As the world around her descended into pain and unrest, Elian’s sense of helplessness due to her foot and the heaviness of the moment brought her into a month and a half long depression. As someone who is used to being a “lighthouse for those who were feeling down”, her injury and depression brought her to what she describes as her “personal rock bottom.” Even through darkness, as the universe, so the soul.

She had to learn how to ask for help. She had to embrace the discomforts of vulnerability. Though at WOOM Elian had created a place for introspection, having been forced into that position felt miserable. As the summer pushed on, Elian felt as if the city, as well as the nation, had been uprooted in many of the same ways she herself was experiencing. Metaphorically and physically, she “could not stand on [her] own two feet.”

As the Black Lives Matter movement persisted, the team at WOOM set out to do their best to provide for the community once more. Elian decided to do what they do best. Instead of attempting to educate, WOOM sought to offer a space of integration: a place of union. Thus, WOOM created their second free membership, known as the Warrior Membership. Like the Hero Membership before it, the Warrior Membership provides free WOOM experiences for social activists in NYC and all over the world. This free membership is open to all who invest time and energy in the realm of education and relief, while fighting for social, racial, and economic equality. In doing so, Elian and the WOOM team wanted to expand the capacity of WOOM to nourish the community so that those who fight every day for the lives of others can find a place of refuge, a place to just be.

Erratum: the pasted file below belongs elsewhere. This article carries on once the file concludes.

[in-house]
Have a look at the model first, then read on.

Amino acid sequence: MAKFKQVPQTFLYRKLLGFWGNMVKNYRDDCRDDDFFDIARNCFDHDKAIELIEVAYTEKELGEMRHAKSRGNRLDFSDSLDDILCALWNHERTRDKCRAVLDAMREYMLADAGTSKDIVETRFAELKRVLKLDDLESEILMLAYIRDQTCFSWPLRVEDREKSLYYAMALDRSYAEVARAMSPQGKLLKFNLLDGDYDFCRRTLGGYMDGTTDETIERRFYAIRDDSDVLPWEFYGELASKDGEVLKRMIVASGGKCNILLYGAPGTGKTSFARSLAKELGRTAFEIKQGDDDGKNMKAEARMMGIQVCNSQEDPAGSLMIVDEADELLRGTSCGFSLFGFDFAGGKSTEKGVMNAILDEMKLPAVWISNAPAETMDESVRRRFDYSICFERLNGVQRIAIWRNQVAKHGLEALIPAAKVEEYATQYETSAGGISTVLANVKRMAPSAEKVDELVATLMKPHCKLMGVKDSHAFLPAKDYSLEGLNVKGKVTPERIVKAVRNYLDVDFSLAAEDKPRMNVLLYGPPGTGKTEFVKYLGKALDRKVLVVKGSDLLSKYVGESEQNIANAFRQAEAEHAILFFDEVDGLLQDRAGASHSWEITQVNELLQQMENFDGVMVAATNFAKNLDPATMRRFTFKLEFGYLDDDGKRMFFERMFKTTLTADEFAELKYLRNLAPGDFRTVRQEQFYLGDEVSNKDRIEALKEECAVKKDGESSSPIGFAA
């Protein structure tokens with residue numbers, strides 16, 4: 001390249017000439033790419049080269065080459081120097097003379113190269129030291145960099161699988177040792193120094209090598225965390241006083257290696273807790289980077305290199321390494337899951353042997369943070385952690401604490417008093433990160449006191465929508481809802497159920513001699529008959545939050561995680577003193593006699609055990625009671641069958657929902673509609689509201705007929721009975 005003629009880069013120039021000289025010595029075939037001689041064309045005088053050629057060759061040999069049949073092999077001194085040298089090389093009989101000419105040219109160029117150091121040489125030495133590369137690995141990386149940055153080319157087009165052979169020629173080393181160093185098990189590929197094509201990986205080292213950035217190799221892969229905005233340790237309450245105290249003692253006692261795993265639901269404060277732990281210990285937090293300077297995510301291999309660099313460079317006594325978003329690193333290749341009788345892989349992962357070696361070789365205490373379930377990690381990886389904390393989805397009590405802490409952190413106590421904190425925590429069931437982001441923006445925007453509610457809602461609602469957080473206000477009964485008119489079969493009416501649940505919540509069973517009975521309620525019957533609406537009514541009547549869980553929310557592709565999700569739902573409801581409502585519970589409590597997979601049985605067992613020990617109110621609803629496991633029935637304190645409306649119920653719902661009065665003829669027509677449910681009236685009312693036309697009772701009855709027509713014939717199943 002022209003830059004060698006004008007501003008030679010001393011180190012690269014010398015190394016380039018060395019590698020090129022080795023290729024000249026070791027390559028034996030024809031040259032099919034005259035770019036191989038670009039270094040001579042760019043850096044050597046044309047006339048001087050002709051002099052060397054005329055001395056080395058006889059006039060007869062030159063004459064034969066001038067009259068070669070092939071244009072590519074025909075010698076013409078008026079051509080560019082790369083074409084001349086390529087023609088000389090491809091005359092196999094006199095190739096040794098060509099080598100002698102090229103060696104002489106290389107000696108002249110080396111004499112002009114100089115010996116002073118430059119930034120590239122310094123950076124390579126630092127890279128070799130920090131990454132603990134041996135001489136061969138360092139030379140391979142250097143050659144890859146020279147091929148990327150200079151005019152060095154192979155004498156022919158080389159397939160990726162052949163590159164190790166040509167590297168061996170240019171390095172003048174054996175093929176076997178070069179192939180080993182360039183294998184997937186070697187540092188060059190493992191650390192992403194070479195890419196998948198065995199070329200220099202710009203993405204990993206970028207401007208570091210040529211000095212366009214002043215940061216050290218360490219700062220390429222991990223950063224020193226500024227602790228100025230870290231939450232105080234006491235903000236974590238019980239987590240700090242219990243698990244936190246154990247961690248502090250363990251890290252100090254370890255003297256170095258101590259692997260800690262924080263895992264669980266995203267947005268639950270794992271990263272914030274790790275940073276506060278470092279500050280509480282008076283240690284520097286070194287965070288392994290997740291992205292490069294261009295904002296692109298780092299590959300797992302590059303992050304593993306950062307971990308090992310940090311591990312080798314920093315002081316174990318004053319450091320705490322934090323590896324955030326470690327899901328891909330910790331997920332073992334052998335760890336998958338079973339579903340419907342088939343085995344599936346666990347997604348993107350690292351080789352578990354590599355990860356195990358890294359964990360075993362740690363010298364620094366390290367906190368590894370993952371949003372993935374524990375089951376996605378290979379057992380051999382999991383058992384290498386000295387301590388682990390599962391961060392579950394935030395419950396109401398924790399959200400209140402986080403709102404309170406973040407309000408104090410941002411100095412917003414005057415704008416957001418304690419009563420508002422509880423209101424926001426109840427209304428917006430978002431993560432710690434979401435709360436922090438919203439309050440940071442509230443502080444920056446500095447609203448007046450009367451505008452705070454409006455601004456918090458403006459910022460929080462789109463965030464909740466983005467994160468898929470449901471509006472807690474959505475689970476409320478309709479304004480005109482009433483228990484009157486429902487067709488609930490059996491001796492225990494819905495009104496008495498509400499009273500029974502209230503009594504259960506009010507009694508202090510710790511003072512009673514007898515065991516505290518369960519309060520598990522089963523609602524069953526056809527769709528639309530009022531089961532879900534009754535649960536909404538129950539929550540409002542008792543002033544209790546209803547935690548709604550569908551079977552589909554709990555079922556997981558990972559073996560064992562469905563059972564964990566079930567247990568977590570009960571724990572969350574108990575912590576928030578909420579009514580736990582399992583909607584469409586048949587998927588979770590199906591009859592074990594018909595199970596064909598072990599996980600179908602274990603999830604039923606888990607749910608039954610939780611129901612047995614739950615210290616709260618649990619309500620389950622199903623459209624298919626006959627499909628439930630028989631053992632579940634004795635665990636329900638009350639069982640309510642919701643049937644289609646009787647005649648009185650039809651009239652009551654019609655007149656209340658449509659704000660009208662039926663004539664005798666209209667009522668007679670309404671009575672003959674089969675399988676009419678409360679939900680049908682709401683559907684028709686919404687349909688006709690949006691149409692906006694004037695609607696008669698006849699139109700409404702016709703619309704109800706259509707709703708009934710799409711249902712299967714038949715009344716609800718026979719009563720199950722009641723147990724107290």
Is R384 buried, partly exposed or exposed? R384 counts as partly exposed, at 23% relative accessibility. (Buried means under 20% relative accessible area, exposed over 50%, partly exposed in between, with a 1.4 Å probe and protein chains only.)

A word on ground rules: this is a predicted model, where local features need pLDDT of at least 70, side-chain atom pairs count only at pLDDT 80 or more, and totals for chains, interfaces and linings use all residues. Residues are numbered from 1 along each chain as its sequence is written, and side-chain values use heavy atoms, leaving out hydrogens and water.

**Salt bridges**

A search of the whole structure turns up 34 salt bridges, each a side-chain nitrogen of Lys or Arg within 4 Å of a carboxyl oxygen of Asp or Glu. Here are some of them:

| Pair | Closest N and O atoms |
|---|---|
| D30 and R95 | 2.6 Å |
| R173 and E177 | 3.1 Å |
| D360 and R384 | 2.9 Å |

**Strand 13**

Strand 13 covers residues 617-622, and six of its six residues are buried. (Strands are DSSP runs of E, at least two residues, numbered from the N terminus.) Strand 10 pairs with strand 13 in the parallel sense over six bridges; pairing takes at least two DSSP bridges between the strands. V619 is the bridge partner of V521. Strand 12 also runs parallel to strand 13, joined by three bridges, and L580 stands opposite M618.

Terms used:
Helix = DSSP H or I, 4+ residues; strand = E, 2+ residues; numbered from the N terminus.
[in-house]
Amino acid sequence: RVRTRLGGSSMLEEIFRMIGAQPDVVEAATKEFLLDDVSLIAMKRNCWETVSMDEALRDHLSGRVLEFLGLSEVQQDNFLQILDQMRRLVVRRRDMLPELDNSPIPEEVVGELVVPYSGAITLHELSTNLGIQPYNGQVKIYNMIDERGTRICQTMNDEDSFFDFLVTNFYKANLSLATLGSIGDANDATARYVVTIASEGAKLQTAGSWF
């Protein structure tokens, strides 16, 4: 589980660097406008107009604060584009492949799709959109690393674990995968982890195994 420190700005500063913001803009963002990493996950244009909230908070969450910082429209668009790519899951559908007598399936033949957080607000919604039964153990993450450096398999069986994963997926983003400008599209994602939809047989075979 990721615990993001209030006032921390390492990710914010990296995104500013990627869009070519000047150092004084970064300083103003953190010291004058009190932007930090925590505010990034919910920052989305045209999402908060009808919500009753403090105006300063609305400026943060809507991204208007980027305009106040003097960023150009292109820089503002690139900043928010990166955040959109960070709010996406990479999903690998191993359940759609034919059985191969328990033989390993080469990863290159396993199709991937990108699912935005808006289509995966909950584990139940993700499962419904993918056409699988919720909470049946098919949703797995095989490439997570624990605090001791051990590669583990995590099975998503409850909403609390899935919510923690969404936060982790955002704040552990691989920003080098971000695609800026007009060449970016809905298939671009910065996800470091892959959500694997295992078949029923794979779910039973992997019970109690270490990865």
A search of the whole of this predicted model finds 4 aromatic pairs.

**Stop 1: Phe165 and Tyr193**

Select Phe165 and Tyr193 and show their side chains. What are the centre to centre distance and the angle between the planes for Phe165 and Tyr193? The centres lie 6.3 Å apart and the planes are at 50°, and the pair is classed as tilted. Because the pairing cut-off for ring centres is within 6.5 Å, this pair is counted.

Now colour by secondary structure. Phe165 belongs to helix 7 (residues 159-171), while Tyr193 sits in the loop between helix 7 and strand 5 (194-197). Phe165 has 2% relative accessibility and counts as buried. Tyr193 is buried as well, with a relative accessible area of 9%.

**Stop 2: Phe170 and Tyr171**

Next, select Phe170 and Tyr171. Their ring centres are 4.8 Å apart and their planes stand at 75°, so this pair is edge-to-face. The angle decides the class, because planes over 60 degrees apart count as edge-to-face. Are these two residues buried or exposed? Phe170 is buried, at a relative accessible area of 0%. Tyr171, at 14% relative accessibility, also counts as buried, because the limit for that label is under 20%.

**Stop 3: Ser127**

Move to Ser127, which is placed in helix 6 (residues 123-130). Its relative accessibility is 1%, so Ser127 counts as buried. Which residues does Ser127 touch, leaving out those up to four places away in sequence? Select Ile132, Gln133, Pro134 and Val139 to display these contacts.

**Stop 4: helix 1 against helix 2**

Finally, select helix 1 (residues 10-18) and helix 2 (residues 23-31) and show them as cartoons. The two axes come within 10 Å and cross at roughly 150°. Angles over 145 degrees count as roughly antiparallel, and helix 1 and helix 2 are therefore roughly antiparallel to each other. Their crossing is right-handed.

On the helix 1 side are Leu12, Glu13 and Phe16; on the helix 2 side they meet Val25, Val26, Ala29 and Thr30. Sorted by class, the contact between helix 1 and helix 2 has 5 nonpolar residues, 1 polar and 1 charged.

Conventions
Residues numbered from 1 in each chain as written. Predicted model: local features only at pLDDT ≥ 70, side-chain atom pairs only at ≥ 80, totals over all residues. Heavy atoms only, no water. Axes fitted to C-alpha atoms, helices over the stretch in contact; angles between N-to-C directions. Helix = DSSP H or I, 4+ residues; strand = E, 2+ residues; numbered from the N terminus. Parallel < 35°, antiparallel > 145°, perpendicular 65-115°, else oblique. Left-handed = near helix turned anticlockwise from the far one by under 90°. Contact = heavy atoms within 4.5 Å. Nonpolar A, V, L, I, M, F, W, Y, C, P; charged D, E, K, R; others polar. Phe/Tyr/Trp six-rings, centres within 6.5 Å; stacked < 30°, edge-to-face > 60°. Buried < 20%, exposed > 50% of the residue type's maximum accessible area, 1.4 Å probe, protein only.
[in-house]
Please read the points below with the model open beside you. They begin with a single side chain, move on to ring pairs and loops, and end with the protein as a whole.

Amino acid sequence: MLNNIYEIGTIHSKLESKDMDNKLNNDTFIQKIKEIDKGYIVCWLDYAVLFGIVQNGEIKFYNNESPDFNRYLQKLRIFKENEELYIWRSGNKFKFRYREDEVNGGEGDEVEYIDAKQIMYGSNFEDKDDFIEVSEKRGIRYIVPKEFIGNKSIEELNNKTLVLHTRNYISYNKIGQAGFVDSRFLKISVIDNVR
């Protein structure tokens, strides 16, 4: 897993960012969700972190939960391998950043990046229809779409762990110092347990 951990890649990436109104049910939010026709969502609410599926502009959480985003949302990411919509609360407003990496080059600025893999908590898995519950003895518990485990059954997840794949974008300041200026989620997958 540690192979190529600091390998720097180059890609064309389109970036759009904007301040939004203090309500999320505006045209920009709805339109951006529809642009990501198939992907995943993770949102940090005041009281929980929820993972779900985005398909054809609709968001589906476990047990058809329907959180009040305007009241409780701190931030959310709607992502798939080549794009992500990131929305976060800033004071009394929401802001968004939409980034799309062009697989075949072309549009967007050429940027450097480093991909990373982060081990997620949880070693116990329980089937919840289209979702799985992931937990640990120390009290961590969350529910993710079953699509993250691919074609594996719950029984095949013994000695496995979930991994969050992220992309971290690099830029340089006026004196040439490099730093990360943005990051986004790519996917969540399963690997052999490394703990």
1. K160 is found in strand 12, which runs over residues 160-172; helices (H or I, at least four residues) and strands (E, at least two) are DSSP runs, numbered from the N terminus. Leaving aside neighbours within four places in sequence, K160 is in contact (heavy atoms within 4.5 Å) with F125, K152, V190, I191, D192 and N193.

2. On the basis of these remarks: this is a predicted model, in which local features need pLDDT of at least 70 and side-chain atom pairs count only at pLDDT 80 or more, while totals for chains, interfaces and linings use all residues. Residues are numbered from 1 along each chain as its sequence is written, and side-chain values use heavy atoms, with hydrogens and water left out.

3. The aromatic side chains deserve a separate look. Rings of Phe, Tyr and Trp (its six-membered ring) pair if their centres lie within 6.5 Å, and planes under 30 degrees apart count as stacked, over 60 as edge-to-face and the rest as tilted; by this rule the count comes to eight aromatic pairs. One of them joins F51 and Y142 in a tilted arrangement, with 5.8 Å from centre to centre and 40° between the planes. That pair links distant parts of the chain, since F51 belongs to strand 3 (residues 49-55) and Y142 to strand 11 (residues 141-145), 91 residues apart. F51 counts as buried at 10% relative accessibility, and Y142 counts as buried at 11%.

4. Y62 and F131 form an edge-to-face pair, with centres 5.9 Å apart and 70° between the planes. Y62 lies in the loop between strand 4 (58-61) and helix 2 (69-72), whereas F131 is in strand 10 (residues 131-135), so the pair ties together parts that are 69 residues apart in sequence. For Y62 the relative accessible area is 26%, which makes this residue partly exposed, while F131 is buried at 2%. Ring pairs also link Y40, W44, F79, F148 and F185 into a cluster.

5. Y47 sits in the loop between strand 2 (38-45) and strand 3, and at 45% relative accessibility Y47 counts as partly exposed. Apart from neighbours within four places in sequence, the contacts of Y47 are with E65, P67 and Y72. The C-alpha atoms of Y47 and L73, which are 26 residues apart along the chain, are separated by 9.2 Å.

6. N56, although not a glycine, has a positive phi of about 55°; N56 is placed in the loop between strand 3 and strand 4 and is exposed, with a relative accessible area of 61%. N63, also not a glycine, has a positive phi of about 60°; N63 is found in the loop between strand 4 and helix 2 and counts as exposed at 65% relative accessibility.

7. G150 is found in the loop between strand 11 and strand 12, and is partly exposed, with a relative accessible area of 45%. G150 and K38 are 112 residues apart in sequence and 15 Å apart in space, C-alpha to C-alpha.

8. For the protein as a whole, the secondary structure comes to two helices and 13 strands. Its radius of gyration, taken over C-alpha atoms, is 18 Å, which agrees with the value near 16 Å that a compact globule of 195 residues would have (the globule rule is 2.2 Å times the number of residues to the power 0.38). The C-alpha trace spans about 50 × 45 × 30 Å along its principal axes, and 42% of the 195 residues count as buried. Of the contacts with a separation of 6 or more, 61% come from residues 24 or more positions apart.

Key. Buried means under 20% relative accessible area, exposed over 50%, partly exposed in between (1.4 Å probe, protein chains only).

With each passing tragedy that the global community has endured, the WOOM community has continued to ask itself how they can give back. As Elian explains, she and those in the WOOM community are trying “not to be overwhelmed by the storm, but present in the storm.” As social unrest persists and the world continues to grieve, Elian and WOOM have set their eyes on adaptation and persistence, with a commitment to raising the vibrations of the New York community and global community from afar.